If you find your Twitter feed full of red flags, you’re not alone. The platform is exploding with warnings about everything you can think of. This is a new viral trend, where tweeters use red-flag emoji to communicate their opinions and actions. Are you a baseball fan? Red flag. Do you promise to repay someone later? Red flag. Would you like to put pineapple on the pizza? Red flag.
According to the platform, tweets using emoji in the United States have increased by 455% since last week. On Tuesday, there were 1.5 million red flag emoji tweets worldwide.
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From people warning about behaviors you care about from a future date to brands trying to take advantage of trends, here’s a summary of the columns of red flags that fill your timeline. What do all the warning signs mean?
Outside of Twitter, the phrase red flag is used as a warning. Merriam-Webster defines a red flag As a “warning signal or sign” or “a problem, danger, or irregularity that indicates or draws attention”. The dictionary accurately shows the first use of the red flag as a noun dating back to 1748.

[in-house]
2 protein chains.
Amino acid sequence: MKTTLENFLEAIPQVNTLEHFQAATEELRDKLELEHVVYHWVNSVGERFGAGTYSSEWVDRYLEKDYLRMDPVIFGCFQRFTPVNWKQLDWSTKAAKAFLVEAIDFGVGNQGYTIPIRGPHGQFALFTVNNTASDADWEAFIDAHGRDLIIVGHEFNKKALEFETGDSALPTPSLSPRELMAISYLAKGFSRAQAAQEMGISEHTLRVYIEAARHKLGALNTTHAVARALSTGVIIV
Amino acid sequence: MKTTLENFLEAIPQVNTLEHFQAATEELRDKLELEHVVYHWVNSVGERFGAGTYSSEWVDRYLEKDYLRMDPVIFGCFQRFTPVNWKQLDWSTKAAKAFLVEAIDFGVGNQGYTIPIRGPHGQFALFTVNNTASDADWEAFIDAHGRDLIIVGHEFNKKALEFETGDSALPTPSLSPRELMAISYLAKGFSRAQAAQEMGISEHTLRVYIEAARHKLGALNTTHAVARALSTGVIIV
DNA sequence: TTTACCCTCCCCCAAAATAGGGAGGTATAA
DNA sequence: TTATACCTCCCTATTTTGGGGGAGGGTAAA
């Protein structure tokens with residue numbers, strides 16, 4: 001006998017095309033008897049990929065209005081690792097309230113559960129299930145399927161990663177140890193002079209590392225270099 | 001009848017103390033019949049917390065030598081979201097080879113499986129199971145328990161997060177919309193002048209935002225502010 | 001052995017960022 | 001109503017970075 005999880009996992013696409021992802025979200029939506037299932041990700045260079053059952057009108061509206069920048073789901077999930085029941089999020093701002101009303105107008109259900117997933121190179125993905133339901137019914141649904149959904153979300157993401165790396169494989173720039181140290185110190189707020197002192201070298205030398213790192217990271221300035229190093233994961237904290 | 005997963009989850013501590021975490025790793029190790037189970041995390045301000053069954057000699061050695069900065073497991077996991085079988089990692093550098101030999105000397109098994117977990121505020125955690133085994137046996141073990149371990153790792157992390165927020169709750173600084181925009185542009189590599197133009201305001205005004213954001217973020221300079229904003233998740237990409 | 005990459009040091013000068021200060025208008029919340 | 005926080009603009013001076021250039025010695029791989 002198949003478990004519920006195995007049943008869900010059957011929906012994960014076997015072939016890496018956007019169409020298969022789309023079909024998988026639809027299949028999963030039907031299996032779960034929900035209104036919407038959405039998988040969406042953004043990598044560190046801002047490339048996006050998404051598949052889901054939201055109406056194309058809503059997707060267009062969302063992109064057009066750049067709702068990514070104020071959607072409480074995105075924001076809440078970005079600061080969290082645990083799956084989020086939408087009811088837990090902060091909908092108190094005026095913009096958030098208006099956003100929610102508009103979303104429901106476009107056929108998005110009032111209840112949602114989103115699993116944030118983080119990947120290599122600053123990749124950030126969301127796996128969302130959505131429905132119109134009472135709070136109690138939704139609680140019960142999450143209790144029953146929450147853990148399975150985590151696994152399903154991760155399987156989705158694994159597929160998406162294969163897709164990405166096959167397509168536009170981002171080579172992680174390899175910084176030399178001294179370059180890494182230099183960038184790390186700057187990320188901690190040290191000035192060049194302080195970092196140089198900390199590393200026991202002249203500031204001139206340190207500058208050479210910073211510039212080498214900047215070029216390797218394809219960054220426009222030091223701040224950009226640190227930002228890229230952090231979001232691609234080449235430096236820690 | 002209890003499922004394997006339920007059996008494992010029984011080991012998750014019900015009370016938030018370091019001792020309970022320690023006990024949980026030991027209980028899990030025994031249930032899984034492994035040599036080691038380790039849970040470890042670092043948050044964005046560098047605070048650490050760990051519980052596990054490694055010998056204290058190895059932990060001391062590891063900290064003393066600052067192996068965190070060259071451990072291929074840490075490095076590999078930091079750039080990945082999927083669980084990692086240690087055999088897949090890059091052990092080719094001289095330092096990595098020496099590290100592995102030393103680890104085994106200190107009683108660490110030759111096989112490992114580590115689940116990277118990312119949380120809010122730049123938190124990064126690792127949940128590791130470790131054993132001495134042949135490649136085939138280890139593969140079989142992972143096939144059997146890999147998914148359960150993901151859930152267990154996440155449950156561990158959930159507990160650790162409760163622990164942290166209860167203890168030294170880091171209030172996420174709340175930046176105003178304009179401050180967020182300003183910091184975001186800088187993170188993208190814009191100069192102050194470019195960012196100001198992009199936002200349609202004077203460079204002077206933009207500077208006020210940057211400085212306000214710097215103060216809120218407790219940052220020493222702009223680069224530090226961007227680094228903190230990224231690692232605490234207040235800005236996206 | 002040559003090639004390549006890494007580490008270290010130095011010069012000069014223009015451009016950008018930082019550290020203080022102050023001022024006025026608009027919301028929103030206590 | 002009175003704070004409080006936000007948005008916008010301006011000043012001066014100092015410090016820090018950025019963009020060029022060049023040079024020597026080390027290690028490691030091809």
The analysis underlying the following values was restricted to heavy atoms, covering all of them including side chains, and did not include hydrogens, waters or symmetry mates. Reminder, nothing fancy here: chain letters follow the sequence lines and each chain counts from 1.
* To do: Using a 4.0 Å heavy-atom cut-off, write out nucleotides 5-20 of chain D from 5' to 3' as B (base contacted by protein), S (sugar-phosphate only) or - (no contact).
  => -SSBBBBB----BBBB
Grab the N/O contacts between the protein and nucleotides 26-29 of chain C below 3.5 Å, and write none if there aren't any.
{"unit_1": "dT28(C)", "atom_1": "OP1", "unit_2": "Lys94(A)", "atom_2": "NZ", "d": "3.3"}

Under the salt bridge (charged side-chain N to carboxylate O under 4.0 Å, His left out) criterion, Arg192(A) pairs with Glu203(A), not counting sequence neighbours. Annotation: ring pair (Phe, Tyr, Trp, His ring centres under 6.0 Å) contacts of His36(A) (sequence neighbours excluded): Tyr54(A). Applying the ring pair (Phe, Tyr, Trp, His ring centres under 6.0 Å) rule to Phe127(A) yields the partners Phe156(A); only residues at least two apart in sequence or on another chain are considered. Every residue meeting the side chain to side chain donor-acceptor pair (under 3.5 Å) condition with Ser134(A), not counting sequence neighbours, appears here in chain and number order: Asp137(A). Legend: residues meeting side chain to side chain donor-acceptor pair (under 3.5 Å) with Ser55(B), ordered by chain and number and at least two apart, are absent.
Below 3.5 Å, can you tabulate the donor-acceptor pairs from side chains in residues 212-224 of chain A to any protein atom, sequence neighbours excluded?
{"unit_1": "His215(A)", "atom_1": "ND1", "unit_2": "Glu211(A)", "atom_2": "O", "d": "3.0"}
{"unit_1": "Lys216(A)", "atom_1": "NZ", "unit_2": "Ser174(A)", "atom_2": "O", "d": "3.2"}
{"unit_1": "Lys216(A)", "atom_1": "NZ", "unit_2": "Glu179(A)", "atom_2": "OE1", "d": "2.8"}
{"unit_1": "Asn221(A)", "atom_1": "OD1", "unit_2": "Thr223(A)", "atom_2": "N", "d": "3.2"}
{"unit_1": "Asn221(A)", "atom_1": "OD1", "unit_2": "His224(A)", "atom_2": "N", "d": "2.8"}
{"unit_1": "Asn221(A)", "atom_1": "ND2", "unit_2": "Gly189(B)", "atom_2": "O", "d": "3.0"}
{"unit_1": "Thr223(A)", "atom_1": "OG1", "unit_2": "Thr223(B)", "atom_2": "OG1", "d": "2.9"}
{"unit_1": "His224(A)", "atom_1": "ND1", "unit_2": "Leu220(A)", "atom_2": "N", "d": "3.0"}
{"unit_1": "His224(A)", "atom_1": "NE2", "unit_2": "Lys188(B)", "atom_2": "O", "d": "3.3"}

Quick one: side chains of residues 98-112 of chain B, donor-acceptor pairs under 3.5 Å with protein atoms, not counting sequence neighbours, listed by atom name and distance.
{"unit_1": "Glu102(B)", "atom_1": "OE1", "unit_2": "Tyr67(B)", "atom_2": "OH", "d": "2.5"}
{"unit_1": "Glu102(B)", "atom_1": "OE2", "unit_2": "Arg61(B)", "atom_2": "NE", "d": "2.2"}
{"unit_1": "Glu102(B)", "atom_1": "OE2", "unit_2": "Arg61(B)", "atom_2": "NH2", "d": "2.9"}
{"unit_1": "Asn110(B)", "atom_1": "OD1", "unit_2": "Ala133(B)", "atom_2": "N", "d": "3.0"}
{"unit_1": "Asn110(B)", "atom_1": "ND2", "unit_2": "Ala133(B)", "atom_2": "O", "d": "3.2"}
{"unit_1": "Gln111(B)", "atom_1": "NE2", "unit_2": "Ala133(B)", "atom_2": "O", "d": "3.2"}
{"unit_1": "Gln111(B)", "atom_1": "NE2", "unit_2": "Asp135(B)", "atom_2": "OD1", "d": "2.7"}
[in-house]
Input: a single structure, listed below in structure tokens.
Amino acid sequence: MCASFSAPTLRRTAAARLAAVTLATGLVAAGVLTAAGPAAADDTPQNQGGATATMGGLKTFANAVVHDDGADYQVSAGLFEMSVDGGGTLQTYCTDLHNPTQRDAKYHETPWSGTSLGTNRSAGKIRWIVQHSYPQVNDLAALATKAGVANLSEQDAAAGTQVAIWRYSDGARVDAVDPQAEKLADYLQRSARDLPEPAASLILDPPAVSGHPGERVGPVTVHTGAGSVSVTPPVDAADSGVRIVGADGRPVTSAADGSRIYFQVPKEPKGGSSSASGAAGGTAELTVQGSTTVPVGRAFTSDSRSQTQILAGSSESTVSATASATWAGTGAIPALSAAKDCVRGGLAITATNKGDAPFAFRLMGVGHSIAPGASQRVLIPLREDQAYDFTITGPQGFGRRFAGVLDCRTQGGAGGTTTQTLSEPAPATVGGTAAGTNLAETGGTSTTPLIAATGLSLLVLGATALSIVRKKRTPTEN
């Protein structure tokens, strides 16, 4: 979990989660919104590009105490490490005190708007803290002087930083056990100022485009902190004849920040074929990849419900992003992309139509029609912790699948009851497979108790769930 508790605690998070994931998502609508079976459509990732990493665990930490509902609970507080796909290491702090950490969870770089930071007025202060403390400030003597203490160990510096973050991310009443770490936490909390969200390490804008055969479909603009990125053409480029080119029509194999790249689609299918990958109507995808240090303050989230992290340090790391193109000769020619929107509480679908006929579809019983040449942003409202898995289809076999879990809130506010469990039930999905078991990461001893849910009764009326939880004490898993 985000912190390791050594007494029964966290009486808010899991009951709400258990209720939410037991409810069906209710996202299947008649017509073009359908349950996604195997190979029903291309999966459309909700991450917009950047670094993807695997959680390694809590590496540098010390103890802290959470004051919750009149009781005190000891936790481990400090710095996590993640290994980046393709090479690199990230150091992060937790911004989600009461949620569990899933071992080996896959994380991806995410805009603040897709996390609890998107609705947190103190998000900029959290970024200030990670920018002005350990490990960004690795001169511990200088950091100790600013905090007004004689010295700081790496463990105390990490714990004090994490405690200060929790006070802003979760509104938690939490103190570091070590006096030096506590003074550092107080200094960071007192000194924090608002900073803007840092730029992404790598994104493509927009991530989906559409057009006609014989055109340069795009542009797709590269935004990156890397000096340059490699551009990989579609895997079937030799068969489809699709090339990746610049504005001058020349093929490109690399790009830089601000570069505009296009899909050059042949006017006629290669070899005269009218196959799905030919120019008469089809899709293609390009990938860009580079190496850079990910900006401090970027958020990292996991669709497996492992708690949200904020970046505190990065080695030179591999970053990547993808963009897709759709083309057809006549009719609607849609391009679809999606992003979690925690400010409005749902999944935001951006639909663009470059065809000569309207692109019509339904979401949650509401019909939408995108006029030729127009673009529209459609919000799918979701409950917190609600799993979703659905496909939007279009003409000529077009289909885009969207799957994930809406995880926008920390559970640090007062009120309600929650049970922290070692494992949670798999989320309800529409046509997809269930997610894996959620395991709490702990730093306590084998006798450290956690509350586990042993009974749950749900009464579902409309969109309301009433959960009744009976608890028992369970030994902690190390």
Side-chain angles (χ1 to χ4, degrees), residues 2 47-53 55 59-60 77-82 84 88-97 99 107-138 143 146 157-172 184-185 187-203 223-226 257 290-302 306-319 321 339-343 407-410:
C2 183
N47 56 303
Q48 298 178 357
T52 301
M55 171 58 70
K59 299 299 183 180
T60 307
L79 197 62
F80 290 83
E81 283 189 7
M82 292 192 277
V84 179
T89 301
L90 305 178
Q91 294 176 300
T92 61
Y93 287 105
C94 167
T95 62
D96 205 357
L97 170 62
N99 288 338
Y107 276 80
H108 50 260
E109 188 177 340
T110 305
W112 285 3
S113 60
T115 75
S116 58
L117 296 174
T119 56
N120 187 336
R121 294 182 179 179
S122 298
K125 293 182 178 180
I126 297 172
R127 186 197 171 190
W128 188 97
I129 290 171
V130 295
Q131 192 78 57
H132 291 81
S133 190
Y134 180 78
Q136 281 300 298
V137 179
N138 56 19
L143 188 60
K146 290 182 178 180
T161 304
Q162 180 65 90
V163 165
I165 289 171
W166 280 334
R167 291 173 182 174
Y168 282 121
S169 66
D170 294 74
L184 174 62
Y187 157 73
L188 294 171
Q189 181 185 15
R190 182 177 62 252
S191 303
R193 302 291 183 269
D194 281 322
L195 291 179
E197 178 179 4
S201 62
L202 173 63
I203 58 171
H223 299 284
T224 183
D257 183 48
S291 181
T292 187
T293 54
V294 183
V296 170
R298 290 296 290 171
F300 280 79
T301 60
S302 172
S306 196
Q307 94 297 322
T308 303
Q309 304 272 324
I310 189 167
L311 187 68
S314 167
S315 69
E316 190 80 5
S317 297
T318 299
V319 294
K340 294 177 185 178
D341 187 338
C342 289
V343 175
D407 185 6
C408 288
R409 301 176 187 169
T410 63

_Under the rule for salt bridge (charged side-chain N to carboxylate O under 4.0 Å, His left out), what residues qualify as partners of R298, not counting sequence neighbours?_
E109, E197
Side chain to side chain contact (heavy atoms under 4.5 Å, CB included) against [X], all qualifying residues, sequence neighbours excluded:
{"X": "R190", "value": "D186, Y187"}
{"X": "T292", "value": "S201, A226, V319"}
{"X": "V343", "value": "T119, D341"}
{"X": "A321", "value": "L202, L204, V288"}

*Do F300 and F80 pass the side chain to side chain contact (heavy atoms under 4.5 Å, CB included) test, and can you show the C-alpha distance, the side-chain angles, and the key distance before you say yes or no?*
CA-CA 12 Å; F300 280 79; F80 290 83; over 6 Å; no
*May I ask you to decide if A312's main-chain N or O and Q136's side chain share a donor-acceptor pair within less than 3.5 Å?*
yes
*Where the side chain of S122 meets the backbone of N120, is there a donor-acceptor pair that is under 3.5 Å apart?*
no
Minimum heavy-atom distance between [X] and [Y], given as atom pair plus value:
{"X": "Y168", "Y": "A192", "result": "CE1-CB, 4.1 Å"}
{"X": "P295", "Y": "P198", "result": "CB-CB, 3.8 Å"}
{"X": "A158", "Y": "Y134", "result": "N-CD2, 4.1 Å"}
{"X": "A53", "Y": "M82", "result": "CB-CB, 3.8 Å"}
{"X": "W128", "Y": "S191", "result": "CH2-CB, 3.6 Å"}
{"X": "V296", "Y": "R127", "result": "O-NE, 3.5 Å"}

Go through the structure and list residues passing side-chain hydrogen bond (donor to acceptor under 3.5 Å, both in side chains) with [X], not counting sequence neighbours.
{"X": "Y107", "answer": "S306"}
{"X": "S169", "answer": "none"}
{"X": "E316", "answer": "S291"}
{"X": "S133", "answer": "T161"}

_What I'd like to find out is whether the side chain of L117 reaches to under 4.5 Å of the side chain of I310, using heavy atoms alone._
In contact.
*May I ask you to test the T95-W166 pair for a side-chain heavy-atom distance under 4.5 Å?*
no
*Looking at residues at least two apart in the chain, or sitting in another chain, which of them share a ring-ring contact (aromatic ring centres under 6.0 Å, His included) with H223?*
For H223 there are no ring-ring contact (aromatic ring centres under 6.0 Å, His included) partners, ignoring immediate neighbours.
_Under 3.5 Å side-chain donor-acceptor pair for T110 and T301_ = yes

Thanks to the red flag emoji, Twitter users only have to put a symbol on their tweets, and they can also use the entire column to show something annoying. How did the red flag trend begin?
according to Mary sue This trend began this week among black Twitter users who were talking about dating danger signals. Tweets included people who were always online but slow to reply to text. Someone who still says they are friends with their ex, or “go all day without talking to me.” The tweet calling for the latter is one of the top retweet tweets in this trend, with over 28,000 retweets so far. Many, but not always, tweets are formatted as quotes followed by flags. What are people warning each other about?
In short, everything. People are tweeting opinions that they think are problematic, such as sports, food, movies, music, politics, etc. Not all tweets are serious. Many of them are jokes.
One Twitter user tweeted, “My favorite movie is Fight Club.” Another tweet: “My team is the Dallas Cowboys.” Famous chef Padma Lakshmi tweeted that her red flag would be someone who said, “I don’t like Indian food.” From sports teams to restaurants, brands are also fully involved in the trend. For example, the PGA Tour is flagged as “Golf is not a real sport.”